Craig Macmillan 24:59
You You're having beers with people. And they're like, Paul, when you get off the phosphorous thing?
Paul Schreiner 25:05
Yeah, they're like, come on, Paul, you know, they play a role in nitrogen too.
Craig Macmillan 25:10
Okay, so we're in at a time with a couple of things I just absolutely, positively have to hit on if we draw the big old box around this topic, we would say, AMF are beneficial for vineyards. Okay, so what kinds of things can I do as a grower to encourage a AMF and what kinds of things should I not do that might dink the AMF community?
Paul Schreiner 25:29
Very good question. The most important thing probably is to think about AMF, before you plant a vineyard. And so like in some of the materials that I've I've, I've written about and published on, especially for like trade journals and trying to help growers, it's really important in my mind to separate pre plant versus post plant, and at the pre plant stage is really a time you should think about mycorrhizal fungi because that's the time. If they're not there, you've got a problem. But chances are, they're already there. It's also the pretty much the time that you can add mycorrhiza and they're going to do something, you have an opportunity to inoculate vines if you want when they go into the ground. The biggest thing about pre plant is what is the past history of that land, especially the recent couple of years if you've had plants on it, especially if their host plants for mycorrhizal fungi, which almost all of our crop plants are, even if it came out of say, forest land, and then was converted to vineyard. Typically, there's a AMF there because even in the forest, which are dominated by Ecto mycorrhizal trees, for example, here, and in the north, west, for example, there are still understory plants that rely on AMF. And so the AMF are there, normally, you don't have to inoculate. But knowing what the land history is, is very helpful. The worst thing you can do is of course, apply a fumigant, which we are doing much, much less now than we used to. Not that that will will stop entirely. But if you fumigate especially with like in the old days, methyl bromide was the main fumigant used, you'll kill the mycorrhizal fungi. And so you would want to inoculate if you did that. The other thing is if you have a really, really long period of fallow land, and when I say fallow, I mean fallow no weeds, nothing, most of our weed species also support AMF. So I mean, even having weeds on the ground before you plant a vineyard is going to keep the population up. And again, that goes back to the biology, this group of fungi that they can't grow on their own. And so eventually they'll be depleted in soil if there's no plants to keep feeding them. So that kind of relates back to the very beginning of our conversation, which is why this group of fungi is different. So like, basically avoid long fallow plant a cover crop of clover, for example, that's a good one, because Clover is very heavily colonized. It also provides nitrogen, which is good for vines, you know, especially at establishment and avoid fumigants. Once you get to the post plant side of things, I think the most critical things to think about are tillage, and then fertilizer use.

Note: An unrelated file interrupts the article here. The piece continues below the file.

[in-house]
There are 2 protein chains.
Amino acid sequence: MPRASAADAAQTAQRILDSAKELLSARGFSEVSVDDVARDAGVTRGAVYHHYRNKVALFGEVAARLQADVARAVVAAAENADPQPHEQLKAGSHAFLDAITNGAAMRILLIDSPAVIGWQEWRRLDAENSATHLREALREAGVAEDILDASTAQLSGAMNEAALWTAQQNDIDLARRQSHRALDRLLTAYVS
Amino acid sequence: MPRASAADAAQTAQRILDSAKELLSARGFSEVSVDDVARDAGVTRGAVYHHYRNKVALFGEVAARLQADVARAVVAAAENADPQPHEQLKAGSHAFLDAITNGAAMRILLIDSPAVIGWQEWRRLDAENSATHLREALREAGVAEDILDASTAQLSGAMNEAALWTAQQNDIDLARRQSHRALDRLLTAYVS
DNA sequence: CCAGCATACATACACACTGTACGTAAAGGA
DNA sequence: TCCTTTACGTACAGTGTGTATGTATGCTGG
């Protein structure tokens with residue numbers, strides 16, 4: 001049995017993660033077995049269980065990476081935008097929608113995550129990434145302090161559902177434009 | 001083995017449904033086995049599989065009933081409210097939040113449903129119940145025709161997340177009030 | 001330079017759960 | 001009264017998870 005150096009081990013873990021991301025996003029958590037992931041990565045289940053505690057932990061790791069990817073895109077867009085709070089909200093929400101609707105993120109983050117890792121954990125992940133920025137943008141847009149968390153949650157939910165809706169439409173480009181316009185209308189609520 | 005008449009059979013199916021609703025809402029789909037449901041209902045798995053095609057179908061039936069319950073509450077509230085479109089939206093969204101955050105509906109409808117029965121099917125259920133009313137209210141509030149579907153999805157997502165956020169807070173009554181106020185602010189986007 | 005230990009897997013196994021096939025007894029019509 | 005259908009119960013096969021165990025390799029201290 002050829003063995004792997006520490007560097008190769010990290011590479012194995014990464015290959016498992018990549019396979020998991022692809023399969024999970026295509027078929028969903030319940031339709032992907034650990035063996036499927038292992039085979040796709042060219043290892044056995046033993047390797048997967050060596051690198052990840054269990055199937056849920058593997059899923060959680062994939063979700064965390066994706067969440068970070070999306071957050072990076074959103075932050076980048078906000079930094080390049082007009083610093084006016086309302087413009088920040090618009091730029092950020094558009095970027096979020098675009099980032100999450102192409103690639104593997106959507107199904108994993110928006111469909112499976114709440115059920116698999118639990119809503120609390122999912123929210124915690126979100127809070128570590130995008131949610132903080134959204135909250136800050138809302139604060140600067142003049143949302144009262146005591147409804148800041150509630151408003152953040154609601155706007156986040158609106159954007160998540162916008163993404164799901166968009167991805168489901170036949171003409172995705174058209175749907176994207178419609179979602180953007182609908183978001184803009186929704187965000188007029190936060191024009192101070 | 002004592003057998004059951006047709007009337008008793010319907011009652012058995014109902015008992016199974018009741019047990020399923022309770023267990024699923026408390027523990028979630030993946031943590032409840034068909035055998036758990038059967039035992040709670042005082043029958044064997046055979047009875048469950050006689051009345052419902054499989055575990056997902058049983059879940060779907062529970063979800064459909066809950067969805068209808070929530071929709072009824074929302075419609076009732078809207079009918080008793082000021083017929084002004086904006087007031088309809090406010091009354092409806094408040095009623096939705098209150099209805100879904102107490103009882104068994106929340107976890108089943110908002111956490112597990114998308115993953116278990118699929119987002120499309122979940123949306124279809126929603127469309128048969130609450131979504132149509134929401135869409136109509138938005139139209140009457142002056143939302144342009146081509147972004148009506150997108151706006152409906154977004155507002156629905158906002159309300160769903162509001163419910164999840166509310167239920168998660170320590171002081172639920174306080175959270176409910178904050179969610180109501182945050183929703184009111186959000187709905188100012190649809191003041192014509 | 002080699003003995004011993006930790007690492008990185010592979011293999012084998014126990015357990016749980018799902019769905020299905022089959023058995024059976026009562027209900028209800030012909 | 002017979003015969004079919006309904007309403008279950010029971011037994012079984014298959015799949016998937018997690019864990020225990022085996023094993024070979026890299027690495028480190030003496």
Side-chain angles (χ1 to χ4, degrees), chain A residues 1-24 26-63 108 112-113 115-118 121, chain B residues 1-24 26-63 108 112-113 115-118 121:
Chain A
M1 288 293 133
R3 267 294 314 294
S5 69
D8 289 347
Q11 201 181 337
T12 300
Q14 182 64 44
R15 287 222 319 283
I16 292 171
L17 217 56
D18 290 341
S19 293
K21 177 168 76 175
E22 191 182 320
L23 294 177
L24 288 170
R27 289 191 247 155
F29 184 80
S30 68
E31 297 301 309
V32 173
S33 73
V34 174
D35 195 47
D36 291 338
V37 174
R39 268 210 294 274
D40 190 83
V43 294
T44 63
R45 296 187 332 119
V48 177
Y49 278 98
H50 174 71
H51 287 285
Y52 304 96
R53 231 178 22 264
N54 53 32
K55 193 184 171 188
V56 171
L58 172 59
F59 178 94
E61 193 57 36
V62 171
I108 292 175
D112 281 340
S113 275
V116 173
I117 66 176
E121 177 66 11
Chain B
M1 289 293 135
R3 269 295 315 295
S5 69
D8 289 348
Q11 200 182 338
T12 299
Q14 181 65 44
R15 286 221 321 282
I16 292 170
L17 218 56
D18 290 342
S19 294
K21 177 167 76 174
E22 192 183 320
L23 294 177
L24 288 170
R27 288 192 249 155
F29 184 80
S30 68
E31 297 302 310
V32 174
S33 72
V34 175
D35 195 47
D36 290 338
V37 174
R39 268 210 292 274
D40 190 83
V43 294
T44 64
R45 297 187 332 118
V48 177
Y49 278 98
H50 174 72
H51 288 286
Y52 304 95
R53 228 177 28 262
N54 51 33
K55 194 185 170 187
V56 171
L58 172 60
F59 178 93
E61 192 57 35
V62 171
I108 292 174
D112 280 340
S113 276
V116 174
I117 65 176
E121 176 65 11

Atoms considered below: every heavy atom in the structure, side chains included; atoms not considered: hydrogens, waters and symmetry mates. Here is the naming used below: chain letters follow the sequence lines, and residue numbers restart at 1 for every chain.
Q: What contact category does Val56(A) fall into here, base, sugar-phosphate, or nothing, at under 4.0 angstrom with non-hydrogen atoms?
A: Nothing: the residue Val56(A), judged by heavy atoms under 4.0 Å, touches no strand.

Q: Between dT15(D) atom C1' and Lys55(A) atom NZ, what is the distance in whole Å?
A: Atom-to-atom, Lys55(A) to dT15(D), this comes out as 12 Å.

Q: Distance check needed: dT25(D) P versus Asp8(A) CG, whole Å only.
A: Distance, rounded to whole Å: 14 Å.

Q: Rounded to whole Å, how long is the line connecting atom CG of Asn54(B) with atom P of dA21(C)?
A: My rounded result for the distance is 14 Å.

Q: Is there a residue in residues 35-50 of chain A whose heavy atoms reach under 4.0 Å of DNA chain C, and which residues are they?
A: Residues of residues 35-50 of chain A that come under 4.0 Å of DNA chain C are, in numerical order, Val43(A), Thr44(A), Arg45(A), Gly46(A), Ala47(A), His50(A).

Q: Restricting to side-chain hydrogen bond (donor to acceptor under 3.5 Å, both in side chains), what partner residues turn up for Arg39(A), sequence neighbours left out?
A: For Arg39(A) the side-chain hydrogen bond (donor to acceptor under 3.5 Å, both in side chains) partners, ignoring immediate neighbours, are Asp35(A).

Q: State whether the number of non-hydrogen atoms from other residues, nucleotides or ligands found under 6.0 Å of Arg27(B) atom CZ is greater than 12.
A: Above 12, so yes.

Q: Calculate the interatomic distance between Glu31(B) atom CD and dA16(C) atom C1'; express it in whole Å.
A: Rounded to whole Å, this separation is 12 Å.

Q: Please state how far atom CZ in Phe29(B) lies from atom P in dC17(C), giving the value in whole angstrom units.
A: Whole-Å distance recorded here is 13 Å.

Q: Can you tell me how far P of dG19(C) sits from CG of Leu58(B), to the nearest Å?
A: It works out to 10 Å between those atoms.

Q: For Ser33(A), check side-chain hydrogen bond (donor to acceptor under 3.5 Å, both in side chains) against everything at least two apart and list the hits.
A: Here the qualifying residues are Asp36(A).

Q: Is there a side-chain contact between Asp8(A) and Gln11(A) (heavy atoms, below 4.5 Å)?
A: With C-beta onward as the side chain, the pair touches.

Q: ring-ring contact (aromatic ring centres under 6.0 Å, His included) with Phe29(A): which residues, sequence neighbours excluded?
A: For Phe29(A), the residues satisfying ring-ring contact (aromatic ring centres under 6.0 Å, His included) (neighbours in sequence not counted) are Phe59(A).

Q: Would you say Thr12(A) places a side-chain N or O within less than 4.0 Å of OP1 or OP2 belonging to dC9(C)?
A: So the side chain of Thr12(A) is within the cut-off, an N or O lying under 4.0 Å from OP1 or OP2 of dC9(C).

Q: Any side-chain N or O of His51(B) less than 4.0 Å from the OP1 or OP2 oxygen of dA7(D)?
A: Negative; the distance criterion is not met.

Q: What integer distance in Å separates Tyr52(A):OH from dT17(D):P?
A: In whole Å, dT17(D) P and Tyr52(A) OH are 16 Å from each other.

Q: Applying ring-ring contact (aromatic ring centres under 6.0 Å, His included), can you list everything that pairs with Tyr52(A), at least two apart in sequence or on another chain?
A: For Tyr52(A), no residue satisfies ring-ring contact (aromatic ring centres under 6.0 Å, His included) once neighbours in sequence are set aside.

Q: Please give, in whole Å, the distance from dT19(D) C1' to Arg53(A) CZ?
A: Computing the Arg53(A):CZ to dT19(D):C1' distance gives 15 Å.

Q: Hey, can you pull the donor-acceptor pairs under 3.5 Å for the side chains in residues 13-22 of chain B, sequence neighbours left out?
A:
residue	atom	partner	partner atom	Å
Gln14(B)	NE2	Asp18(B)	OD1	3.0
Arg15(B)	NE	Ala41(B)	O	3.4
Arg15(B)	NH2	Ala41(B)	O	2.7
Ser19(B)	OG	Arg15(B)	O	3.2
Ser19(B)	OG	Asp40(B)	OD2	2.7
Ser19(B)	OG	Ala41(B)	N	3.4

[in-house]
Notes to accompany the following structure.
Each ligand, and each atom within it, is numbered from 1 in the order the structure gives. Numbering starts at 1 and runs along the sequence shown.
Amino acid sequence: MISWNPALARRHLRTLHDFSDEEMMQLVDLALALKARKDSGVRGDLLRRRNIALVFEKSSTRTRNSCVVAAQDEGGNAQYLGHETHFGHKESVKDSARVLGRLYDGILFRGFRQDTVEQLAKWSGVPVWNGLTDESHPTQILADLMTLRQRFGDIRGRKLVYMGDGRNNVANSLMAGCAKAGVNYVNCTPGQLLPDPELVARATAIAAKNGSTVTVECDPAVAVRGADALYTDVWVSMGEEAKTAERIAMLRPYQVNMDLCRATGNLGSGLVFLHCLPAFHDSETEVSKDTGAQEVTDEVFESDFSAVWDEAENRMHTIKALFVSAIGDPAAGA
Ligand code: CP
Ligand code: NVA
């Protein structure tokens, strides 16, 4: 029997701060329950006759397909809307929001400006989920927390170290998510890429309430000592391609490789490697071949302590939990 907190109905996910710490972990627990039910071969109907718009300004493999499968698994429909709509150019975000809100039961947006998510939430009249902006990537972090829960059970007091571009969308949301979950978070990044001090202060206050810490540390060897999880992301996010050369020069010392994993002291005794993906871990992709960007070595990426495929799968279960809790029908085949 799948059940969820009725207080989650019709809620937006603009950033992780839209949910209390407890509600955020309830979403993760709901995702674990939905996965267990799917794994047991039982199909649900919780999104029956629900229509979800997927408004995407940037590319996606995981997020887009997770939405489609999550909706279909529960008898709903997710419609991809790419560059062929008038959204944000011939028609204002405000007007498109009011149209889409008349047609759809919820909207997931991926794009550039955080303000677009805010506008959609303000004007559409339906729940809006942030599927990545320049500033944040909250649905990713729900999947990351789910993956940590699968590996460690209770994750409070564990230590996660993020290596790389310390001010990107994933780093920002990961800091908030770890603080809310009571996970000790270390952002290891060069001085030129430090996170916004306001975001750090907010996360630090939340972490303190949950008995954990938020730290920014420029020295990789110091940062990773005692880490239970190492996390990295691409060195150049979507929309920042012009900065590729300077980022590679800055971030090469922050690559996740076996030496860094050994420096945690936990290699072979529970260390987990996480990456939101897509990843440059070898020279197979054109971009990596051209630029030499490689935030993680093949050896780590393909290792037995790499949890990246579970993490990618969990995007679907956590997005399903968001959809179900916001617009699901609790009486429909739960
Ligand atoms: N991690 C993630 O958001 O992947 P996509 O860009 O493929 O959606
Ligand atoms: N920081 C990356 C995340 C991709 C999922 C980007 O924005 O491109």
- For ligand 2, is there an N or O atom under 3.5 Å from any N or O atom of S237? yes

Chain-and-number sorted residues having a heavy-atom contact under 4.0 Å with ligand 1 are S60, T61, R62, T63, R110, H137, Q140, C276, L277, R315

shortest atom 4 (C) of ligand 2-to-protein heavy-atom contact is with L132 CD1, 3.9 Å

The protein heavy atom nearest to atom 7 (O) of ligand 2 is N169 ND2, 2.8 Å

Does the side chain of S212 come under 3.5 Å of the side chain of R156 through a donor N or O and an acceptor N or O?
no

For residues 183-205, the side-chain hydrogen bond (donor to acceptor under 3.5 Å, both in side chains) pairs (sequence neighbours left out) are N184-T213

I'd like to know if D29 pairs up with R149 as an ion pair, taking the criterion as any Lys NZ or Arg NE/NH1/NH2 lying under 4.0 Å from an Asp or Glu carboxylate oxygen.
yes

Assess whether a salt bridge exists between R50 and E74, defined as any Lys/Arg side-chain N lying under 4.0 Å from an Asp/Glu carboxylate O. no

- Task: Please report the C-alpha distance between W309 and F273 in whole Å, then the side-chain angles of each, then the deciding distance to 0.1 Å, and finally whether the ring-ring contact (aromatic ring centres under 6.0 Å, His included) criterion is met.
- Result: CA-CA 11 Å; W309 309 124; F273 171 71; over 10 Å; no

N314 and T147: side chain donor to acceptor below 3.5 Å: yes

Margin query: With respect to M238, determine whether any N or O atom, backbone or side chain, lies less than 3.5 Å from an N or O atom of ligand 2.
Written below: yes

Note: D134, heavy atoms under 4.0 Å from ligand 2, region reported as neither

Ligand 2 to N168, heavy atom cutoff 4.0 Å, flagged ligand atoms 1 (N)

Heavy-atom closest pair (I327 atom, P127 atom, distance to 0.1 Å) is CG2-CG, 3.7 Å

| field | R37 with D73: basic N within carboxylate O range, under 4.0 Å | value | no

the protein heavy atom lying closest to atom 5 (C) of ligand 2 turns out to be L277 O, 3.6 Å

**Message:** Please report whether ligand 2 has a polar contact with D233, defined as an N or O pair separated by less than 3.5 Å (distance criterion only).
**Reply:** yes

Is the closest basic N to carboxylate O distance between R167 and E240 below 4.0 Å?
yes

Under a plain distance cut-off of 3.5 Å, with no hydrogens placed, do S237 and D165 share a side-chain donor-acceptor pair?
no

Craig Macmillan 27:56
What happens there?
Paul Schreiner 27:59
With tillage, you breakup the mycorrhizal network that's in the soil. And so like we talked about that external phase, or what we call the extra radical hyphae of this group of fungi, that phase is out in the soil and it actually survives and overwinters even for example, like you know, some of it dies back, but some of it remains if you keep destroying that with tillage. Eventually you reduce the population of AMF, there are a few fungi that seem to be much more tolerant of tillage. And these are some of our favorite lab rat ones, for example. Ones that are tolerant of disturbance have been ones that are most often done well in the laboratory and are easily easy to culture. Again, we're culturing on a plant but still similar kind of thing. So tillage is one thing. The fertilizer issue is I would avoid both high nitrogen and high phosphorus inputs. We have shown in some of my work if you apply phosphorus, for example, to the foliage, which some people like to do, you can reduce mycorrhizal colonization. It's all tied into the whole plant response to these this group of fungi, you know, plants evolved with the fungi, right? It's not just the fungi that were evolving. They know that the main function is phosphorus. So when the plant has high phosphorus status, it down regulates the colonization by this group of fungi. Well, when you get plants phosphorus, especially to the foliage, it sends a signal to the roots, I'm very happy, and it tends to reduce colonization.
Craig Macmillan 29:24
Specifically, how many units of nitrogen are we talking about?
Paul Schreiner 29:28
That gets into tricky territory.
Craig Macmillan 29:30
You know, if I'm putting on a 777 am I am i doing a bad thing?
Paul Schreiner 29:35
Probably not course, it also depends on the rate, you know, I mean, 777 But you're putting out 200 pounds per acre that's
Craig Macmillan 29:42
Yeah, that's why use the term units.
Speaker 2 29:45